Inert Gas Systems Produces Significant Fuel Savings
The Alfa Laval Automatic Fuel Efficiency Module (AFEM) is a new modification for reducing the fuel consumption of Alfa Laval Smit Combustion inert gas systems. It does so by ensuring the inert gas that keeps cargo safe during offloading is only generated in the exact amounts required. In a two-year pilot project, the AFEM allowed Italian shipping company Navigazione Montanari S.p.A. to achieve an average fuel savings of 30 percent.
China-bound Norwegian Joy Sets Sail
Norwegian Joy, Norwegian Cruise Line’s first custom-designed ship for the Chinese cruise market, began her journey to her home port of Shanghai, China this week, as she departed the Meyer Werft shipyard in Papenburg, Germany on Sunday, March 26 for her approximately 14-hour long conveyance along the Ems River. Measuring 1,094 feet long and 136 feet wide, the ship is the second in the line’s Breakaway-Plus class and the first that was purpose-built for China.
FMC's Doyle OKs Boxship Pact
Commissioner William P. Doyle of the Federal Maritime Commission issued the following statement today, Agreement to go into effect March 30, 2017. I voted today to allow the agreement styled the “Maersk/MSC/HMM Strategic Cooperation Agreement” to go forward. The parties to the agreement are Maersk Line, Mediterranean Shipping Company (MSC) and Hyundai Merchant Marine (HMM). However, I take this opportunity to convey to the parties concerns related the shipping public…
Model Training for Watch-Keepers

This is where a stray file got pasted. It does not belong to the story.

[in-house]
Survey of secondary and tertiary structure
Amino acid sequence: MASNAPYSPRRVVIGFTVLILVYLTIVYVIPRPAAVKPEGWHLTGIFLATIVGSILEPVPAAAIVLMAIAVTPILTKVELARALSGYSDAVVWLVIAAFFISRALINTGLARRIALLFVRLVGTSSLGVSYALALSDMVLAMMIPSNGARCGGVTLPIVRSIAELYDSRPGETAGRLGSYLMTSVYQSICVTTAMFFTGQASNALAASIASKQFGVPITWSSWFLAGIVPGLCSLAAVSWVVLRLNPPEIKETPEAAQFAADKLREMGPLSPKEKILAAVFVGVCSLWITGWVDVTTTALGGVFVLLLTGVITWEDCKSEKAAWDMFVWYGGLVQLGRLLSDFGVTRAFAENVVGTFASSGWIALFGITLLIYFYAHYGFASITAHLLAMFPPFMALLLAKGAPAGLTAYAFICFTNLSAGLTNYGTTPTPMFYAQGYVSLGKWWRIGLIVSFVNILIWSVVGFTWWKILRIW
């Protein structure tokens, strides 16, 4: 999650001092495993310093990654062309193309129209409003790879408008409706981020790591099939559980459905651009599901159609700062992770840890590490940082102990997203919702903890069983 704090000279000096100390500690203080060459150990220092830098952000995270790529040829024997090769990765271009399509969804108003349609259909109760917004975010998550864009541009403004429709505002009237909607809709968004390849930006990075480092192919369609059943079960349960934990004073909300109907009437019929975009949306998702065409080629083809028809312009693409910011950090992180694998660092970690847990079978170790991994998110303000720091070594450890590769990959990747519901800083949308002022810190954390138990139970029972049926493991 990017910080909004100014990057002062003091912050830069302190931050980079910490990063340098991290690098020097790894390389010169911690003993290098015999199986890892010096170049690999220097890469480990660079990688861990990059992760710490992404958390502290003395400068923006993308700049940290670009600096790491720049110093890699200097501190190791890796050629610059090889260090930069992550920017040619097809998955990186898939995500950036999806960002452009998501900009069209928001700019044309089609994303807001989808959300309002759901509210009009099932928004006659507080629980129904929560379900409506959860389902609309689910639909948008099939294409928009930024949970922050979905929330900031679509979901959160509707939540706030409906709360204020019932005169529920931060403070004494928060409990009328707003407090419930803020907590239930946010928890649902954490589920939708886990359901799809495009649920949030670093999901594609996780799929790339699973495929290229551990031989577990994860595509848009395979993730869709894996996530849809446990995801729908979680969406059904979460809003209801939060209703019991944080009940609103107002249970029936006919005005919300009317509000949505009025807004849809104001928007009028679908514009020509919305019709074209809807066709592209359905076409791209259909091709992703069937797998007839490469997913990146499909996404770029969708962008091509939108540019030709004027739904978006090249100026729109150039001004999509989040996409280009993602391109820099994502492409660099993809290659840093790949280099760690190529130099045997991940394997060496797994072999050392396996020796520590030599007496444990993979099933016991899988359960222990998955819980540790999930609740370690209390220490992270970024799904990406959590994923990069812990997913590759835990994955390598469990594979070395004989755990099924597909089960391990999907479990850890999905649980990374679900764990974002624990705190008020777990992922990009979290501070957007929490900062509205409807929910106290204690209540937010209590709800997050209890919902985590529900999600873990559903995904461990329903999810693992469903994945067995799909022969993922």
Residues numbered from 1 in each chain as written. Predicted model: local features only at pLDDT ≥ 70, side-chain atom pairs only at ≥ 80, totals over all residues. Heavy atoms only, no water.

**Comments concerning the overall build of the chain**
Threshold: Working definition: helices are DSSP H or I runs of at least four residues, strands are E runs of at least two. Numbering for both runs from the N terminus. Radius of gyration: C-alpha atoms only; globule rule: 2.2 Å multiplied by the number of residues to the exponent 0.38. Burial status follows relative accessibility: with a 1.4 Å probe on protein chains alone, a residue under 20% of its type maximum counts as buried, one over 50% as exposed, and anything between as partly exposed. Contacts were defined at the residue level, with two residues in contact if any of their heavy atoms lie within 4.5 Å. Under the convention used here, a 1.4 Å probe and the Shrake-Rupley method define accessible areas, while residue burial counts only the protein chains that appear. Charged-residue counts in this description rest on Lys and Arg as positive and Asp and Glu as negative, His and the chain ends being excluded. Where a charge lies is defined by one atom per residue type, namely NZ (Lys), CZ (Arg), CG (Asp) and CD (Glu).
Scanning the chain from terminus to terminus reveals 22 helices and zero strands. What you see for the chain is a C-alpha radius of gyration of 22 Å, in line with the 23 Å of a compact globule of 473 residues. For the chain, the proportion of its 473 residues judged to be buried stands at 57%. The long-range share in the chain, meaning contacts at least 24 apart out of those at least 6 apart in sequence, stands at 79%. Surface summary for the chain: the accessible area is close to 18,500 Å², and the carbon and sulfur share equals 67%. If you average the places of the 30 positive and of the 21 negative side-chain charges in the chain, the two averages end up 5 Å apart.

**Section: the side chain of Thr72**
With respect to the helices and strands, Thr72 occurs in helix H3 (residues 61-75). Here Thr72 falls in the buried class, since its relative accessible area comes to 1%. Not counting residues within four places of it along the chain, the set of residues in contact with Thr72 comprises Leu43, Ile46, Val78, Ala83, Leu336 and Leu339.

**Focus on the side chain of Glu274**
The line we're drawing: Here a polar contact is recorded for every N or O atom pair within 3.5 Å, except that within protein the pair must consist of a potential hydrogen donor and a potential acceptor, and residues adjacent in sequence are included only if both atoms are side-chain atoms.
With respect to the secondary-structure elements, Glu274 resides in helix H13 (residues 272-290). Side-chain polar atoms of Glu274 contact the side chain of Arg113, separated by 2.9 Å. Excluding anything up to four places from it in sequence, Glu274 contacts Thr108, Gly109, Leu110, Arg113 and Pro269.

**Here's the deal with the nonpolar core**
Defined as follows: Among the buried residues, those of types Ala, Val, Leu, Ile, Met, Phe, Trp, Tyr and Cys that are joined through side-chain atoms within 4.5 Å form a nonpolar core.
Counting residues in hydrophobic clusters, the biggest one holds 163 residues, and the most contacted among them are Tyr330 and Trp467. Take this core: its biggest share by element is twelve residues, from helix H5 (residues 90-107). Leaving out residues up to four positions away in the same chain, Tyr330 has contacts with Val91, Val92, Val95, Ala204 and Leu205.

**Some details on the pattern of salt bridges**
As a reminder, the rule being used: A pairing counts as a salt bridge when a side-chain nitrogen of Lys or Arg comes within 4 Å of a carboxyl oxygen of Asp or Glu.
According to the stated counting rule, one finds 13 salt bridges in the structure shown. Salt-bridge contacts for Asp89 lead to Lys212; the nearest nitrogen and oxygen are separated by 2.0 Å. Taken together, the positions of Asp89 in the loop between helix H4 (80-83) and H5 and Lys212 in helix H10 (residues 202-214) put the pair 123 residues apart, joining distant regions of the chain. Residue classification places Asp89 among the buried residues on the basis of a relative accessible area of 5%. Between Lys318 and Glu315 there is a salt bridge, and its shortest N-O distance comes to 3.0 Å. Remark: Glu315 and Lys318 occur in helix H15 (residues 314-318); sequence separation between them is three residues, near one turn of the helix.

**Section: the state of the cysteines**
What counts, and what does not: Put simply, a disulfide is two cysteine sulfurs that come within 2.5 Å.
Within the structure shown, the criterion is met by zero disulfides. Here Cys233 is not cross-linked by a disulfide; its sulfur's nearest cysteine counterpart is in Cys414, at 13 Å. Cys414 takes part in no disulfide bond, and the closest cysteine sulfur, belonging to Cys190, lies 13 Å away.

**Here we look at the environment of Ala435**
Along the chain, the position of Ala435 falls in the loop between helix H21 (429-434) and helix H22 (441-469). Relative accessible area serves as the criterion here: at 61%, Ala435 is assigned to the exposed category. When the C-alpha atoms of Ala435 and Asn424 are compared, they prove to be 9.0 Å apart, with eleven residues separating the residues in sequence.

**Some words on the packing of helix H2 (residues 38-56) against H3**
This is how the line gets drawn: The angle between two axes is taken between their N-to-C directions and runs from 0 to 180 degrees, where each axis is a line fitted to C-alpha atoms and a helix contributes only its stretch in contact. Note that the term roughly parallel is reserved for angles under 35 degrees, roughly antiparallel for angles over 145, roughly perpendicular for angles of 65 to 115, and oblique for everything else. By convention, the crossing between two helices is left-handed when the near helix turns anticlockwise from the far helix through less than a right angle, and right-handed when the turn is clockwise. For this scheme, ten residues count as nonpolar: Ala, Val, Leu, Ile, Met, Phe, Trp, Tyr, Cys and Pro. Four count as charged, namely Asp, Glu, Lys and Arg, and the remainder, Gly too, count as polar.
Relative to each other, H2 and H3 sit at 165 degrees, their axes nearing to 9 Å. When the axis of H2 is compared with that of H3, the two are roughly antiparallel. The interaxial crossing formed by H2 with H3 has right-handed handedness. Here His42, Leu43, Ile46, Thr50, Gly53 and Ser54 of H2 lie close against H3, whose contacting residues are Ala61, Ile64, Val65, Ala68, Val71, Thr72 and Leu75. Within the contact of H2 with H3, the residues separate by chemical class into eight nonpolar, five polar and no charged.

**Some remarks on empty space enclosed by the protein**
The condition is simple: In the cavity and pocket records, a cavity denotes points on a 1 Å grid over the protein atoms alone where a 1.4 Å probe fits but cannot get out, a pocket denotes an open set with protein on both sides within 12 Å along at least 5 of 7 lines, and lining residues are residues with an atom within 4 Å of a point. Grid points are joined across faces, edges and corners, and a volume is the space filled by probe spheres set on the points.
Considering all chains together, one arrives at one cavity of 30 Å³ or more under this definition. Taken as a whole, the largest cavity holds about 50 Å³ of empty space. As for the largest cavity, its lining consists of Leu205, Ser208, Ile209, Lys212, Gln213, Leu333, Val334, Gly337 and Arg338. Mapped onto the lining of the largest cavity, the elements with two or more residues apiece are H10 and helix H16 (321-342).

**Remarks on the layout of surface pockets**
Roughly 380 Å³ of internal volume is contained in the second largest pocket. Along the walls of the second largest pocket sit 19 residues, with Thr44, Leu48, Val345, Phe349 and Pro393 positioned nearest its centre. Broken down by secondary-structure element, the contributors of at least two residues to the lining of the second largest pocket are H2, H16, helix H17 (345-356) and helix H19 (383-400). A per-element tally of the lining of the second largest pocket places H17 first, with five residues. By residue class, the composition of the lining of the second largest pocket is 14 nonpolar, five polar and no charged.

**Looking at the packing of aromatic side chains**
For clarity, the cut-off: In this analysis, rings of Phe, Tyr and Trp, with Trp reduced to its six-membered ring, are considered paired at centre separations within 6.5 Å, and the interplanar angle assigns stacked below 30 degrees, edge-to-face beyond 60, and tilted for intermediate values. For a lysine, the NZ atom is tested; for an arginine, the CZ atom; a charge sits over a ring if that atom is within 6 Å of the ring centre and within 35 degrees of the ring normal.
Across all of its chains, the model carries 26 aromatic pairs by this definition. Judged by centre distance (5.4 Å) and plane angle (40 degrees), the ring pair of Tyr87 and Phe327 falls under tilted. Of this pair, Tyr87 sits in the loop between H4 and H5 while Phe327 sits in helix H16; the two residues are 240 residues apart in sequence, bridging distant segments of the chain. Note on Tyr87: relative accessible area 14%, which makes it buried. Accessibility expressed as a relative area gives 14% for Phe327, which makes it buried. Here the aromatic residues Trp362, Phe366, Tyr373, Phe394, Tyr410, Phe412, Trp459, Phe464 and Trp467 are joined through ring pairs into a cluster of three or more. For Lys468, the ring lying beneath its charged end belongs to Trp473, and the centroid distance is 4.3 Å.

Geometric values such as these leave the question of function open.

Nine officers from HMAS Sirius have attended a three-day course at Port Ash Ship Handling Training and Research Centre recently to improve their mariner skills. The centre, which is two hours north of Sydney, uses model ships on a man-made lake to teach ship control at low speeds in open, confined and shallow waters, with and without tug assistance. The manned model ships behave just like full-size ships, experiencing squat, interaction, and shallow water and bank effects in the same manner.
Project to Address Marine Bio-invasions Concludes
A decade-long project to promote implementation of an international treaty stemming the transfer of potentially invasive species in ships’ ballast water has reached a successful conclusion at a meeting of stakeholders from Governments, industry and UN bodies. The International Maritime Organization (IMO) has been executing the GloBallast Partnerships Program in collaboration with the Global Environment Facility (GEF) and the United Nations Development Programme (UNDP).
JNPT Gets Radiological Detection Equipment at Exit Gates
The Jawaharlal Nehru Port Trust (JNPT) in Mumbai has become the first major port in the country to install radiological detection equipment (RDE) at all its exit road and rail gates. An official press release said the Marine Department of the port had taken up the project and the work was awarded to the public sector Electronic Corporation of India (ECIL) in 2012 at a total cost of Rs. 23.324 crore. Twenty-eight Vehicle Monitor Systems have been installed at the Road, Rail, Exit Gates.